Letters to the Editor: We’re killing lawns while decrying asphalt playgrounds. See the disconnect?

 Children walk on a hard-top school playground
Students return to class after a midmorning recess at Lockwood Elementary School in Los Angeles on Aug. 31.
(Genaro Molina / Los Angeles Times)

To the editor: The discomfort that our children suffer on asphalt playgrounds has its roots in huge cultural mistakes that we even now perpetuate. (“Hot, angry parents continue to hammer LAUSD for shade and even cool water for kids,” Sept. 7)

There is a current effort to “kill our lawns” to save water. We continue to enact “prescribed burns” to prevent wildfires. These are so deeply ingrained in our thinking that the words “necessary evil” are rarely evoked.

Such misguided thinking is not new. Pope Gregory IX’s ban on cats may have led to the Black Death.


Nature doesn’t create asphalt playgrounds; bulldozers do. If you don’t tear out the grass and rip down the trees, there will be a soft cushion for children to run on and shade to keep them cool.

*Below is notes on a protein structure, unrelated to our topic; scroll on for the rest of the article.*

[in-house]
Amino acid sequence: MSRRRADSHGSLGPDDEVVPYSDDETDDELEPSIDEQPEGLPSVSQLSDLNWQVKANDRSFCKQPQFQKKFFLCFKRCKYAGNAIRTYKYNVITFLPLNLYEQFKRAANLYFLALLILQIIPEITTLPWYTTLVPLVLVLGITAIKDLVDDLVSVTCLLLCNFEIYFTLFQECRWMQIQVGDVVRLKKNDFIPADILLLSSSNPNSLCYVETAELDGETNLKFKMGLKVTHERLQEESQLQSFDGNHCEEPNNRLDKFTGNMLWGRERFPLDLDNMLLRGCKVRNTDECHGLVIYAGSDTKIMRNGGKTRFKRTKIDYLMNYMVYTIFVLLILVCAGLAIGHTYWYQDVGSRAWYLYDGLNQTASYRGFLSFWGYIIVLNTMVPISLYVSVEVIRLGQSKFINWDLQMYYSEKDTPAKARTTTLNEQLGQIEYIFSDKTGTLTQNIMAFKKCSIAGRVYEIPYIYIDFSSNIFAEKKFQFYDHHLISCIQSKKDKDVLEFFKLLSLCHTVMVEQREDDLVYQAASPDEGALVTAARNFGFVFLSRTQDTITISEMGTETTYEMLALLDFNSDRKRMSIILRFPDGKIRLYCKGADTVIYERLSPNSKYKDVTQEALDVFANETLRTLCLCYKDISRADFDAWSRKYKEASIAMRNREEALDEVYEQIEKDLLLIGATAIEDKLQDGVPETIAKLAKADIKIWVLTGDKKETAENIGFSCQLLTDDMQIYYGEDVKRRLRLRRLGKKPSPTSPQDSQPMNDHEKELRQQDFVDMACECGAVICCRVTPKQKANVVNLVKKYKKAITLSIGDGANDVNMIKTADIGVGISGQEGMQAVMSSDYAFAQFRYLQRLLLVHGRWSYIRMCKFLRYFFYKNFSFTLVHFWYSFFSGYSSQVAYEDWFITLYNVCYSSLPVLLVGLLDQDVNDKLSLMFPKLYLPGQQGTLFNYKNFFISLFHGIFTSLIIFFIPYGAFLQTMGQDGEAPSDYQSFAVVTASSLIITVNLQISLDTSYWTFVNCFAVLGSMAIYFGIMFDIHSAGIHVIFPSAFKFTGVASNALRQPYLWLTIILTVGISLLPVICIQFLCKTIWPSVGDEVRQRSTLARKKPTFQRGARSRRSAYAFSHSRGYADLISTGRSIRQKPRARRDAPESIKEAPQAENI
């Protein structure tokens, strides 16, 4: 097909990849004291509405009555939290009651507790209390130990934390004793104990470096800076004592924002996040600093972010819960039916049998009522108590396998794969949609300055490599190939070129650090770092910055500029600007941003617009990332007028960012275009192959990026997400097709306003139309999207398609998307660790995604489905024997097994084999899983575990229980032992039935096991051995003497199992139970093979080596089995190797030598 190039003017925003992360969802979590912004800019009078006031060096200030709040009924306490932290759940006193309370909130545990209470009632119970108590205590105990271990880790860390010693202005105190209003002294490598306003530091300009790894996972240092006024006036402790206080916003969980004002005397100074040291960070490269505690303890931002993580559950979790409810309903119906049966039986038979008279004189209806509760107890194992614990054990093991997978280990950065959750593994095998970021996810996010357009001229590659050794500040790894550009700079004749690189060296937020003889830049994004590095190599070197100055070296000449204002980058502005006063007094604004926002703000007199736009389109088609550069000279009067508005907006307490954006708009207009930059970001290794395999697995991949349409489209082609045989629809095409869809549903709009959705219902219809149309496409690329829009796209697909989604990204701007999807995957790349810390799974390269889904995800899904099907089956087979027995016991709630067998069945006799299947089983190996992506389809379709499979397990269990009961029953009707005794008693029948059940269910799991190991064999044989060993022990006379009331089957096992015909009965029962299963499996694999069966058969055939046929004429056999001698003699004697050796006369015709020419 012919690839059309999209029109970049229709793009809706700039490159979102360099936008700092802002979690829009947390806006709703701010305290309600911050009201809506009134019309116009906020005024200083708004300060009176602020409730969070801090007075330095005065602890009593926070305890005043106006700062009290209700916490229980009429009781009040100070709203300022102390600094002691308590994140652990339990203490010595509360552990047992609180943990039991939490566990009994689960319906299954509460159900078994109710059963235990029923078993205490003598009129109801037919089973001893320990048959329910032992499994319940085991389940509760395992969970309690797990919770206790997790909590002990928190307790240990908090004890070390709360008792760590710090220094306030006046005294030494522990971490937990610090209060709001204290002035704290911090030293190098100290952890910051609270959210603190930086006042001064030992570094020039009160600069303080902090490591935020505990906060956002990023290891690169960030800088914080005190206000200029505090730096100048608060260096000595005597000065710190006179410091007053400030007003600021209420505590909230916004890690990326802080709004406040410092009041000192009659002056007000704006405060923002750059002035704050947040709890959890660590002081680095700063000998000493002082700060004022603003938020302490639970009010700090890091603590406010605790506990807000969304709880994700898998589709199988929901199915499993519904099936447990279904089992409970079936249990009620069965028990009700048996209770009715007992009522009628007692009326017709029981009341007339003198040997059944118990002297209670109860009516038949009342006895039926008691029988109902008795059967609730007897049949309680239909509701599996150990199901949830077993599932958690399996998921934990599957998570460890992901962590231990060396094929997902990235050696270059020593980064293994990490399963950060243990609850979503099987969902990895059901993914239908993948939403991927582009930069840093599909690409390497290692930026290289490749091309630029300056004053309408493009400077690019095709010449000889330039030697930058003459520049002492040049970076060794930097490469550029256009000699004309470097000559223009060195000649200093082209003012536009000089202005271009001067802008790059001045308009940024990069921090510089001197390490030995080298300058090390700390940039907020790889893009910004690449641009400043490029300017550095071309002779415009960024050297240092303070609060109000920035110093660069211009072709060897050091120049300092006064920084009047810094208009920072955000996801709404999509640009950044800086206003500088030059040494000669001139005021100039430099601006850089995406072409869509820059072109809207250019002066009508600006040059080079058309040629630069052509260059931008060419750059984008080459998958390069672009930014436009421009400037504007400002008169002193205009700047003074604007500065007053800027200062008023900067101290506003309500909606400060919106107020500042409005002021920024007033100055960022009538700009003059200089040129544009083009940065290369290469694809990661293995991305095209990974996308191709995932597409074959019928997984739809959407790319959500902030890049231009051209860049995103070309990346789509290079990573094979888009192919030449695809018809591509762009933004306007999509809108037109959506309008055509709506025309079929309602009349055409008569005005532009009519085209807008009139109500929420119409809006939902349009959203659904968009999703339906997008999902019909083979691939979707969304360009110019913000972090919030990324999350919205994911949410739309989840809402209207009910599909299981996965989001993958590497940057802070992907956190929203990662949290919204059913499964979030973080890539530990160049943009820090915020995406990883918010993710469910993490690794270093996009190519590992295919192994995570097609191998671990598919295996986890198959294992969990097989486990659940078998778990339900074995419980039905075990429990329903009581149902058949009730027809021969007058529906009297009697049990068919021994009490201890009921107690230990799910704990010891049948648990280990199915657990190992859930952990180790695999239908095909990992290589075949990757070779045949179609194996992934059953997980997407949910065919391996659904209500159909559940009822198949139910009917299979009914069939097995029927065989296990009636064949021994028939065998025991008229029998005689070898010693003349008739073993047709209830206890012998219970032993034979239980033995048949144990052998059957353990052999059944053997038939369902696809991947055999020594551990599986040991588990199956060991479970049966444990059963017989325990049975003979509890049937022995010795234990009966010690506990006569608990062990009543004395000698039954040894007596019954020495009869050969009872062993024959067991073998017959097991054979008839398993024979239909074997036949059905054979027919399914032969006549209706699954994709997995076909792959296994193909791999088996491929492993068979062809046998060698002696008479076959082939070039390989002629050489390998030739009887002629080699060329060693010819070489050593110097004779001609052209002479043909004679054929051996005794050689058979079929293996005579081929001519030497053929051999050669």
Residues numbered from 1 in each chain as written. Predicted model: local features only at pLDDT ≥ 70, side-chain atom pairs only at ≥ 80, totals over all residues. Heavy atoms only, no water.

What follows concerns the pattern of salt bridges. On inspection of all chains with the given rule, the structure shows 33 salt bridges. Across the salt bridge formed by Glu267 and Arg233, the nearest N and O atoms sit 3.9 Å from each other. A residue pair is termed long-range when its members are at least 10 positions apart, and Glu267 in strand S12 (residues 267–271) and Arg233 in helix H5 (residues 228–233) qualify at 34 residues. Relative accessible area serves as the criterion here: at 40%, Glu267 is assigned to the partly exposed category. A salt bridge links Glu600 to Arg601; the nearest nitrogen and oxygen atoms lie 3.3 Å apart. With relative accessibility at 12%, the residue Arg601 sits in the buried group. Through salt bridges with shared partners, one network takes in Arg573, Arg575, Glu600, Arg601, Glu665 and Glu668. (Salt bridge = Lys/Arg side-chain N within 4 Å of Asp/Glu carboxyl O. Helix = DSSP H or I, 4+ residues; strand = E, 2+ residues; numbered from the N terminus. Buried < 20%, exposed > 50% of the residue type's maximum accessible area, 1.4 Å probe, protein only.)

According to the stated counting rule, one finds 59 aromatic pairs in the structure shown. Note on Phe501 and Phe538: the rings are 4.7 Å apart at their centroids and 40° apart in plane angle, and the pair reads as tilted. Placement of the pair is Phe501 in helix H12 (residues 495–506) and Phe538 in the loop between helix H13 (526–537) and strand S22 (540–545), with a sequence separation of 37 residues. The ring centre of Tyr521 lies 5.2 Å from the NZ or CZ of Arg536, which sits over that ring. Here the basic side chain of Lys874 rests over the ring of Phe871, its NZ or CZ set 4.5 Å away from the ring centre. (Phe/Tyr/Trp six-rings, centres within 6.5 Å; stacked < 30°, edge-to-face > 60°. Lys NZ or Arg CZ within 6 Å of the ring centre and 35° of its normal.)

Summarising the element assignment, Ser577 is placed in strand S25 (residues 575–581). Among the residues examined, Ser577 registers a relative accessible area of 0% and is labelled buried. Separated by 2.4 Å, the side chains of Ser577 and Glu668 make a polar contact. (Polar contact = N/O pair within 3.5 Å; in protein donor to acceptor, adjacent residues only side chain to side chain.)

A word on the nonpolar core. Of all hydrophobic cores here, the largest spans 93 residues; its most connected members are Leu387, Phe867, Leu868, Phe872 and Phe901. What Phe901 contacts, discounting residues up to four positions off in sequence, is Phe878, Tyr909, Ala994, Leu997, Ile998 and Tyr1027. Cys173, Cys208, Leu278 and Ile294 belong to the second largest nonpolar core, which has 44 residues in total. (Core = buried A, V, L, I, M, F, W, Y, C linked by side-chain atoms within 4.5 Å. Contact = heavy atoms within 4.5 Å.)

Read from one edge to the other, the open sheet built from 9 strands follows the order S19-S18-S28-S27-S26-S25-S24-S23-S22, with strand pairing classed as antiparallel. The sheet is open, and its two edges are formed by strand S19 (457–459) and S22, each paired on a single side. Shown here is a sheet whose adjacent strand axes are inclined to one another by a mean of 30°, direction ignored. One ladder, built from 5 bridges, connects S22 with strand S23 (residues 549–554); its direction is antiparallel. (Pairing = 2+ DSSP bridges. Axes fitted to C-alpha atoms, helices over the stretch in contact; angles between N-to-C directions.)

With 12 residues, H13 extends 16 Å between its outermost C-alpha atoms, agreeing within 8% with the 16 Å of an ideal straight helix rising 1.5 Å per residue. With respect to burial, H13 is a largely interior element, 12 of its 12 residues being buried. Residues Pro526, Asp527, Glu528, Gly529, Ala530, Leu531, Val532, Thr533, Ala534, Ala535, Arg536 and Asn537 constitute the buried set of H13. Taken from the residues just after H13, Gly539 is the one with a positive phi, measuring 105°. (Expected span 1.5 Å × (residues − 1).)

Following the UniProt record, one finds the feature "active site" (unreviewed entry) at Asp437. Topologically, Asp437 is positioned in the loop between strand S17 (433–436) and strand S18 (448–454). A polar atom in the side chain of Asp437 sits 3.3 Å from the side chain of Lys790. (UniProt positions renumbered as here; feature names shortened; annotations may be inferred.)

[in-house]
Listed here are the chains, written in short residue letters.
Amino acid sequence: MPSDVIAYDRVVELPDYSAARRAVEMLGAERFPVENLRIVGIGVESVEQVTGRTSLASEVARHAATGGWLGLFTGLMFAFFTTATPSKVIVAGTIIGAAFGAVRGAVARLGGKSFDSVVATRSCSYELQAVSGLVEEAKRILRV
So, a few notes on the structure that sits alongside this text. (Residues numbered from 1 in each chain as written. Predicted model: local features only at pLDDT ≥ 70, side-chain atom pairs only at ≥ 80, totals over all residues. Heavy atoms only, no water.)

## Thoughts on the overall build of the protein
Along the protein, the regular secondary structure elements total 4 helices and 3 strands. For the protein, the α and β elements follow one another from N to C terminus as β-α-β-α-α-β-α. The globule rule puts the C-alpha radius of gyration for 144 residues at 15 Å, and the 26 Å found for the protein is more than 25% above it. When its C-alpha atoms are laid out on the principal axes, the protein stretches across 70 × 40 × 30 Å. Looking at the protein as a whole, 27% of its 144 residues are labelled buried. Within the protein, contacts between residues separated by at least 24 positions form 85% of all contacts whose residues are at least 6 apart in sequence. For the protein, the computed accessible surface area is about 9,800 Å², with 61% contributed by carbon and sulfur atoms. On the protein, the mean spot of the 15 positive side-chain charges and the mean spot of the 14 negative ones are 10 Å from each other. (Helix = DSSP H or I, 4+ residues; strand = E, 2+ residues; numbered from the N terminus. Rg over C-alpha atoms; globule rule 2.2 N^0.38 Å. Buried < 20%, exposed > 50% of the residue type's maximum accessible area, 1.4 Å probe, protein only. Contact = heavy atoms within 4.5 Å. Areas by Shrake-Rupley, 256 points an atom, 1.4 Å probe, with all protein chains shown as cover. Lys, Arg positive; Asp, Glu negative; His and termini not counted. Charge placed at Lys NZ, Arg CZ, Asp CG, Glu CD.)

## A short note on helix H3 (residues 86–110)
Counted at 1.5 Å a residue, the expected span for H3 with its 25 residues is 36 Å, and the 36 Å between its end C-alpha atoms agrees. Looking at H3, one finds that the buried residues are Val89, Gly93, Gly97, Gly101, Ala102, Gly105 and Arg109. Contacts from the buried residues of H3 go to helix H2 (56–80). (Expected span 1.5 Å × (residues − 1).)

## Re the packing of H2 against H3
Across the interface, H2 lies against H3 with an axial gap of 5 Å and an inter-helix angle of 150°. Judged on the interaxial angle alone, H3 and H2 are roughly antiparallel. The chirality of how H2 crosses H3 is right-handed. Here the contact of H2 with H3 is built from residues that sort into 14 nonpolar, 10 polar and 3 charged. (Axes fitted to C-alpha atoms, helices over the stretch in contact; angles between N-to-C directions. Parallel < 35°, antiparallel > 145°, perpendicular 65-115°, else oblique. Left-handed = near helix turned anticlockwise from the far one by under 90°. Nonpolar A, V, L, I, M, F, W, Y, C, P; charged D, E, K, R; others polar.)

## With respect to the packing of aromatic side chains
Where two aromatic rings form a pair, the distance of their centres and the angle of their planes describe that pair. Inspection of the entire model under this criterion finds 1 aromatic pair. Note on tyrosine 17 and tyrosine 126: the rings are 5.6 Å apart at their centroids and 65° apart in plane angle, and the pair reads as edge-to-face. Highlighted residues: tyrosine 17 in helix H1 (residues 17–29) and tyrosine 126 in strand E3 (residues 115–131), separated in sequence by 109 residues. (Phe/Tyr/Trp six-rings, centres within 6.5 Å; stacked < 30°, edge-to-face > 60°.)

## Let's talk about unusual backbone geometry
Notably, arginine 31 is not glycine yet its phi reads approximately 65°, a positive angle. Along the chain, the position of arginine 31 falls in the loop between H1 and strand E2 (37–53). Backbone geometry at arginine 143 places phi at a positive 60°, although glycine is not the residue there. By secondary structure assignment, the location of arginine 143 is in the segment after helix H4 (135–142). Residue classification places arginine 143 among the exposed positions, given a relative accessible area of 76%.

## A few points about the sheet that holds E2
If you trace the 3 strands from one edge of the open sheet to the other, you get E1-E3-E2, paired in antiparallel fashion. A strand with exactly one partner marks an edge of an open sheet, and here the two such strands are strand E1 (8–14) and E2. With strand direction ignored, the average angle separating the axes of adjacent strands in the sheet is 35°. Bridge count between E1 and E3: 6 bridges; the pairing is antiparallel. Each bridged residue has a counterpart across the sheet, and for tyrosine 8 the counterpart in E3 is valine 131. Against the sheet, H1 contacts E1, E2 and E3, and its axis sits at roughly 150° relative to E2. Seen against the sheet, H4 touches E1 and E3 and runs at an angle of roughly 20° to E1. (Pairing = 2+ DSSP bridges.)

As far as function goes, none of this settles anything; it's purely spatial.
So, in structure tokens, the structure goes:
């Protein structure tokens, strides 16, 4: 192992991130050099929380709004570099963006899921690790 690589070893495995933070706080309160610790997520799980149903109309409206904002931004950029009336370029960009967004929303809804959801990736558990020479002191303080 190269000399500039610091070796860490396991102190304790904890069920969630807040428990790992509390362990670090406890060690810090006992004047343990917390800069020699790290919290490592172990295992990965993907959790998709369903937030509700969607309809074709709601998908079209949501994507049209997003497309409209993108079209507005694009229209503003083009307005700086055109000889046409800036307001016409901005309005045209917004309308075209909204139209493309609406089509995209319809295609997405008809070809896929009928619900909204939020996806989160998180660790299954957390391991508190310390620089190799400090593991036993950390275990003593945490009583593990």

Ivan Borodin, Hollywood


To the editor: I attended high school in Van Nuys and graduated in 1961. I recall a typical boys’ PE class.

Coach gathered us in fifth period, with temperatures hovering near 100 and heavy smog, and declared it was too hot for him. So, before going inside he ordered us to keep running laps until the bell rang.

So we ran, trotted or walked laps until our lungs burned. One boy passed out. I went into the office to get help, and staff came out with damp towels and water and revived the boy. He was OK.

Aah, the good old days.

Jeffrey Nelson, Temecula